By Mike Godsey

Much of early October saw the Weatherflow forecasts barely changing from day to day for Southern California and the San Francisco Bay Area. During that time marine layer clouds clogged the Bay Area and the Southern California bight much like June Gloom. The cause of this stagnant weather pattern was the Rex Block discussed in this blog from last week.

The present blog focuses on the southern part of the Rex Block: The Cut-Off upper low at ≈18,000 feet that was over the Southern California bight during that period and sometimes brought showers and thunderstorms to Southern California. It also sometimes sent fascinating Atomspheric Gravity waves rippling through the marine layer clouds. Incidentally, if you are a physicist… Atmospheric Gravity Waves are very different than Gravitational Waves.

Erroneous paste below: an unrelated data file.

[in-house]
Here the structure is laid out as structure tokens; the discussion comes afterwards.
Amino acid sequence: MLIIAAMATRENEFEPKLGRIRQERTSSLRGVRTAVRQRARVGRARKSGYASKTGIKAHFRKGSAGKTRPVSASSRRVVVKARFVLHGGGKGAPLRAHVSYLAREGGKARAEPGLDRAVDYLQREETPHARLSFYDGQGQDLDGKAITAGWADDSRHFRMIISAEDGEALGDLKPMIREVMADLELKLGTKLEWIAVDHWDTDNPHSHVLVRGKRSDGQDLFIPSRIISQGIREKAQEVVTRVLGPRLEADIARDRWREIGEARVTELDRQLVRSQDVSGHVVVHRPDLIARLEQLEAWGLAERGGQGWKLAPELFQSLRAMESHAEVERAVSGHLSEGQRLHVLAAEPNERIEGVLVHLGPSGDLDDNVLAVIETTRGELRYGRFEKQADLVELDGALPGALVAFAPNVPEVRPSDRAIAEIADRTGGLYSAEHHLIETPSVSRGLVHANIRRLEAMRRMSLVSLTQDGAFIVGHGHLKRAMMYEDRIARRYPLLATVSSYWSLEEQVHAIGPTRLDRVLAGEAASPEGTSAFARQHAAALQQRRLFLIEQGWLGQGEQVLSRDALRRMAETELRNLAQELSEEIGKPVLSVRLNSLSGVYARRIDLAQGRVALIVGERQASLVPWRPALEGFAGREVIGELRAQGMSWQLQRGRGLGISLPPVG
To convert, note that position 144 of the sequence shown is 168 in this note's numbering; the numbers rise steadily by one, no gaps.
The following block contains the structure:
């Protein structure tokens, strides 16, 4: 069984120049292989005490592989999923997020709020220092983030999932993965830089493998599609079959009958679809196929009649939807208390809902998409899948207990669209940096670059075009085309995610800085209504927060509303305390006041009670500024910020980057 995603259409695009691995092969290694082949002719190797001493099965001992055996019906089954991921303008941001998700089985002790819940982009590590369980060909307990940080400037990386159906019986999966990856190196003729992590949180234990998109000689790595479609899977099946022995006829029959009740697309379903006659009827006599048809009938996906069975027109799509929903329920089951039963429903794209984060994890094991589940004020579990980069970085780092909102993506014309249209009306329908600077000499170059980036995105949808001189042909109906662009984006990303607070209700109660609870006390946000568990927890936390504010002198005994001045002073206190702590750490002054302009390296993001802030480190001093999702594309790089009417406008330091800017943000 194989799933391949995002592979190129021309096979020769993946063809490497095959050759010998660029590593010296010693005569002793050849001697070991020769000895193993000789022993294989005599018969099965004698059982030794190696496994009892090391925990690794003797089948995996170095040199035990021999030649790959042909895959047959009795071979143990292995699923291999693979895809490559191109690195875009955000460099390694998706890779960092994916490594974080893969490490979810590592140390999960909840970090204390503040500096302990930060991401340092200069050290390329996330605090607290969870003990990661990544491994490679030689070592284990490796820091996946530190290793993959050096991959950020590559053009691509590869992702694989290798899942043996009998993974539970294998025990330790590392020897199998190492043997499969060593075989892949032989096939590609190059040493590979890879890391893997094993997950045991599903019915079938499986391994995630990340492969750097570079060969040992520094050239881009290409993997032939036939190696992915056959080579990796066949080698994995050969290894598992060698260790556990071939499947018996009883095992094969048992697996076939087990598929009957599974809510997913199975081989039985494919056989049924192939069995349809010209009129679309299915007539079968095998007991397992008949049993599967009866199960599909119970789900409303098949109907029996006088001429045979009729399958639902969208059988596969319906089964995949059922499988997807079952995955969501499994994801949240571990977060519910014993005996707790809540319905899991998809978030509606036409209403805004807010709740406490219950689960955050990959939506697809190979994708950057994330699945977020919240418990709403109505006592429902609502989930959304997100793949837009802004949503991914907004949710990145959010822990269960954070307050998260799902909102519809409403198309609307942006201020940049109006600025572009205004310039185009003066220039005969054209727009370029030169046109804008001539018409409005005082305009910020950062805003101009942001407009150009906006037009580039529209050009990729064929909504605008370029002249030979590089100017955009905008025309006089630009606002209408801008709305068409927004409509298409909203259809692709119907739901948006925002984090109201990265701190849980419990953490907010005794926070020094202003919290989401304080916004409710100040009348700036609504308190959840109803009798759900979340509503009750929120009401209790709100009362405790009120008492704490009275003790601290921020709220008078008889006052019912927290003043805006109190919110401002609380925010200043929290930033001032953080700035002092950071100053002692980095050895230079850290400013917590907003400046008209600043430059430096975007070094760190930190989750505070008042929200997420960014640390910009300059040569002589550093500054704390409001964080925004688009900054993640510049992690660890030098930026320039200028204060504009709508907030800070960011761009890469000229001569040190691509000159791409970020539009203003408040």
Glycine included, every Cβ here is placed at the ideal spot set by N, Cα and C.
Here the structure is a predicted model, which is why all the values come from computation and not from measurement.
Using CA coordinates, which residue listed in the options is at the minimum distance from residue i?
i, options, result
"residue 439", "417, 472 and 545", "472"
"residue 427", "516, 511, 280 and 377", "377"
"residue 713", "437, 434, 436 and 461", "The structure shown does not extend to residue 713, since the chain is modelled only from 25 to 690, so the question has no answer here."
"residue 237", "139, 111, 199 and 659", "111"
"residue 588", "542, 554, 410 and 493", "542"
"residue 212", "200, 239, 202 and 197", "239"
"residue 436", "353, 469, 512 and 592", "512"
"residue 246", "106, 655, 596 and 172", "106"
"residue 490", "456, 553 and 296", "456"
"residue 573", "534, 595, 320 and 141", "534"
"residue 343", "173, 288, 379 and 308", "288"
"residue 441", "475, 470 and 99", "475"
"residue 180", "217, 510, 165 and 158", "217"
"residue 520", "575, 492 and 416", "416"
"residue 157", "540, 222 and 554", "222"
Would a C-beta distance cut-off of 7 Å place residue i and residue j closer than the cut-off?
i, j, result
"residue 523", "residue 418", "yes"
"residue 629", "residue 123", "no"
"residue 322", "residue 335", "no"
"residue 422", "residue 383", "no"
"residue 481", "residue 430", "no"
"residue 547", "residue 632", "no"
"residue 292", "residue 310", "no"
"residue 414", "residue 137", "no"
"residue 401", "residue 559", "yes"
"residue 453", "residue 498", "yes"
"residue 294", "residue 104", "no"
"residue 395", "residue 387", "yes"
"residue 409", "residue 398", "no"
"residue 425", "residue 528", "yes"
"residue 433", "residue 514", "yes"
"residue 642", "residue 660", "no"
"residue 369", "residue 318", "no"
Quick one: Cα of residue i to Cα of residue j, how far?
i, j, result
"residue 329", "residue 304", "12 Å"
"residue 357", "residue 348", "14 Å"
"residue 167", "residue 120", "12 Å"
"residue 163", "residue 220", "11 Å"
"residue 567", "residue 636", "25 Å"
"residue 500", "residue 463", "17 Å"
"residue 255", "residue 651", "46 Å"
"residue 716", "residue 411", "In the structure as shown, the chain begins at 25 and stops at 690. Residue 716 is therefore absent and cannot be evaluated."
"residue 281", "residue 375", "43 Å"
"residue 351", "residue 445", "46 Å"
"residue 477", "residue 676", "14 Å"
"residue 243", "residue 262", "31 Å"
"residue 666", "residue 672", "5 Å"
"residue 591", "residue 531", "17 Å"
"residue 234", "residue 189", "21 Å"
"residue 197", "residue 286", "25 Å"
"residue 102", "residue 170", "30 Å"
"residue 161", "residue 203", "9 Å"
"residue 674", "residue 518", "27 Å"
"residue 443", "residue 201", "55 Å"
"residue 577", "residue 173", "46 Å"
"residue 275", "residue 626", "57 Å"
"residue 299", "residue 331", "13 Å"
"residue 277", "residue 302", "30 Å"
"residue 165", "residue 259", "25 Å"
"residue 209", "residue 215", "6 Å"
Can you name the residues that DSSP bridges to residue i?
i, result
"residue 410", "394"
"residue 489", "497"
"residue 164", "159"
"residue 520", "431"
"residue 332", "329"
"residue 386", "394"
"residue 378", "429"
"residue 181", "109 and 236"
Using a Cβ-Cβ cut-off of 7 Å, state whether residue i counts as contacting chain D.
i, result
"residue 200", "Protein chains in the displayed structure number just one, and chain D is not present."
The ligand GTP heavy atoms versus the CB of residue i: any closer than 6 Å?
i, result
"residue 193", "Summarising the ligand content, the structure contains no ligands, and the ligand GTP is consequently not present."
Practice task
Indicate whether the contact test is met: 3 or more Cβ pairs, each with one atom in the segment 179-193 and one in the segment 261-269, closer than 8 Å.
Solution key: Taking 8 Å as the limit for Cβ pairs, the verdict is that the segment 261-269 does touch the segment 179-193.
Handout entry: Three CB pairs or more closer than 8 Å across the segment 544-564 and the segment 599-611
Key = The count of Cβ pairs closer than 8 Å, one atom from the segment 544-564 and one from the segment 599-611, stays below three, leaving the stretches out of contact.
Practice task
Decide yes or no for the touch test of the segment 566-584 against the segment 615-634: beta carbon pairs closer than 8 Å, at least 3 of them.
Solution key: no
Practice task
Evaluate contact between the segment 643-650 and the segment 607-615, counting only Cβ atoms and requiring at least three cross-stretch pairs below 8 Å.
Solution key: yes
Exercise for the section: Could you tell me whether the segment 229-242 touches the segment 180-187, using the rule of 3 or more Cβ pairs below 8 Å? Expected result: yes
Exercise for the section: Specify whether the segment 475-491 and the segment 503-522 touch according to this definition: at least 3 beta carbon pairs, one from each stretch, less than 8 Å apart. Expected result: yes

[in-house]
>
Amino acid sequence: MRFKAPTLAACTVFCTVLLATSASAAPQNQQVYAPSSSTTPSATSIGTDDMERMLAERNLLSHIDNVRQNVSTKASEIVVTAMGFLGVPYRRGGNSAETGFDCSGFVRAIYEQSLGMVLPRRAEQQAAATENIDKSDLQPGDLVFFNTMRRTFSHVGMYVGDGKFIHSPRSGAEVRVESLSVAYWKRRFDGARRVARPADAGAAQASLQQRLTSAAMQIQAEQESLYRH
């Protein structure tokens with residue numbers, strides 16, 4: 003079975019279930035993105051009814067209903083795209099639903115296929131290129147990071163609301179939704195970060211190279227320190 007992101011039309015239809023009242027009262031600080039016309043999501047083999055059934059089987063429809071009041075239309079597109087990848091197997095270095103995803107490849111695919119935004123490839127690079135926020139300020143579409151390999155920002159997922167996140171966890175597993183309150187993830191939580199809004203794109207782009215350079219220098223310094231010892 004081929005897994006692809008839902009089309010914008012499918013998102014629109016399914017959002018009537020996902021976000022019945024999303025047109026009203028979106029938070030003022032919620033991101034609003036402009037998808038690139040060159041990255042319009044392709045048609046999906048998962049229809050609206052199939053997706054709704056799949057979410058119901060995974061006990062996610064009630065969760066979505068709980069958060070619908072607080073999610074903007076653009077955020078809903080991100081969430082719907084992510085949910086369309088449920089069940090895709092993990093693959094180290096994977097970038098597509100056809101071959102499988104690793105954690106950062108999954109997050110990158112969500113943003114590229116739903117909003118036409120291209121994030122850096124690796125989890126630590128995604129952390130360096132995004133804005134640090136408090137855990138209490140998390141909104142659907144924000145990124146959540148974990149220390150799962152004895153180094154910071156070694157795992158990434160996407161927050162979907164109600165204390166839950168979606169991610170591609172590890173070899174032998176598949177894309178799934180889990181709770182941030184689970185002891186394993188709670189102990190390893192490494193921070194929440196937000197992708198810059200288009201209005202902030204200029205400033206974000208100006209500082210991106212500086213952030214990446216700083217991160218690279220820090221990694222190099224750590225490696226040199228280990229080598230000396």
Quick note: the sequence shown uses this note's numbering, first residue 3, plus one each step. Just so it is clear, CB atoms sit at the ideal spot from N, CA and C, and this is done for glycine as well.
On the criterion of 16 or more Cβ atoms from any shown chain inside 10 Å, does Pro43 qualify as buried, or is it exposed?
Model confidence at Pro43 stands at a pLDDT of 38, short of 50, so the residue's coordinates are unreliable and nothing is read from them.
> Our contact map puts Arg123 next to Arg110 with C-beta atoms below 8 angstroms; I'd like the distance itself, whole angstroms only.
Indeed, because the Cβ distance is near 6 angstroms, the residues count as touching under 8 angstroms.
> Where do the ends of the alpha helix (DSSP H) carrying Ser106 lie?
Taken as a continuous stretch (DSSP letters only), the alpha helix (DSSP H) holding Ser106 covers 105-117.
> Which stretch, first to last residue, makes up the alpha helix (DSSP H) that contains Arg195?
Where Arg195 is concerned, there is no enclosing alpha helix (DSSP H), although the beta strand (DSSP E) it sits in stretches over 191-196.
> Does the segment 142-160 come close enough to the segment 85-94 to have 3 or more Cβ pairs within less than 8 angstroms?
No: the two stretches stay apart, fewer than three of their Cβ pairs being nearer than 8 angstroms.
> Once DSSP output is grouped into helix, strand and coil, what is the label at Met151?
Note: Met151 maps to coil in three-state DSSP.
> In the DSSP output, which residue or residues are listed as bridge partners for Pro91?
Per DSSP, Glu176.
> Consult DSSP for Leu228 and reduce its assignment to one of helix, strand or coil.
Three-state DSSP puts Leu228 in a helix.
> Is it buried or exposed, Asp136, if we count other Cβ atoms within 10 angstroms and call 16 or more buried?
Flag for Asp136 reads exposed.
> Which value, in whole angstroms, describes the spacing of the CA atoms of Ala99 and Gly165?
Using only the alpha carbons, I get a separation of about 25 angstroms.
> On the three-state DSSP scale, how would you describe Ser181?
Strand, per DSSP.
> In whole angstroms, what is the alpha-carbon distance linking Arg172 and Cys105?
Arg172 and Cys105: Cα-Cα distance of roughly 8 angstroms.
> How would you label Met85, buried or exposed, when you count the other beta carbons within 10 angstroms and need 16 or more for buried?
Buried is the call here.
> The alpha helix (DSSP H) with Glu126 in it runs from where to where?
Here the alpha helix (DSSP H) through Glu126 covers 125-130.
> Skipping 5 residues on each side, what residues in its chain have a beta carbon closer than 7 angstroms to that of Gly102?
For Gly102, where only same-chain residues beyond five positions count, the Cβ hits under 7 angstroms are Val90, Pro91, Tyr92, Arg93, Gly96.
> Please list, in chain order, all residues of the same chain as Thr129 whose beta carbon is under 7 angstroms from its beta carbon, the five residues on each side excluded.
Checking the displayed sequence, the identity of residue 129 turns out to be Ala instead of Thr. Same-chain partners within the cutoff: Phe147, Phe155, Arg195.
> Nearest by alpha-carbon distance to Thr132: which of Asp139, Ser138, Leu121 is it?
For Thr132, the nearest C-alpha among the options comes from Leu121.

This image shows that Cut-Off upper low from a satellite perspective.

The flat-looking mass of clouds over the Baja and Southern California shorelines and extending way out into the Pacific are marine layer clouds.

The ugly-looking mass of clouds in the lower left of the image is the center of the Cut-Off upper low. Notice the intense convective activity in the center and how the marine layer clouds have been mixed out around the Cut-Off upper low. The red arrows show the upper-level winds circulating around the Cut-off low. Notice the convective clouds and showers being steered by the Cut-off low over the Santa Barbara area to past the Jalama area. Lastly, check out the Atomsperic Gravity waves rippling through the marine layer clouds near centers of convective activity.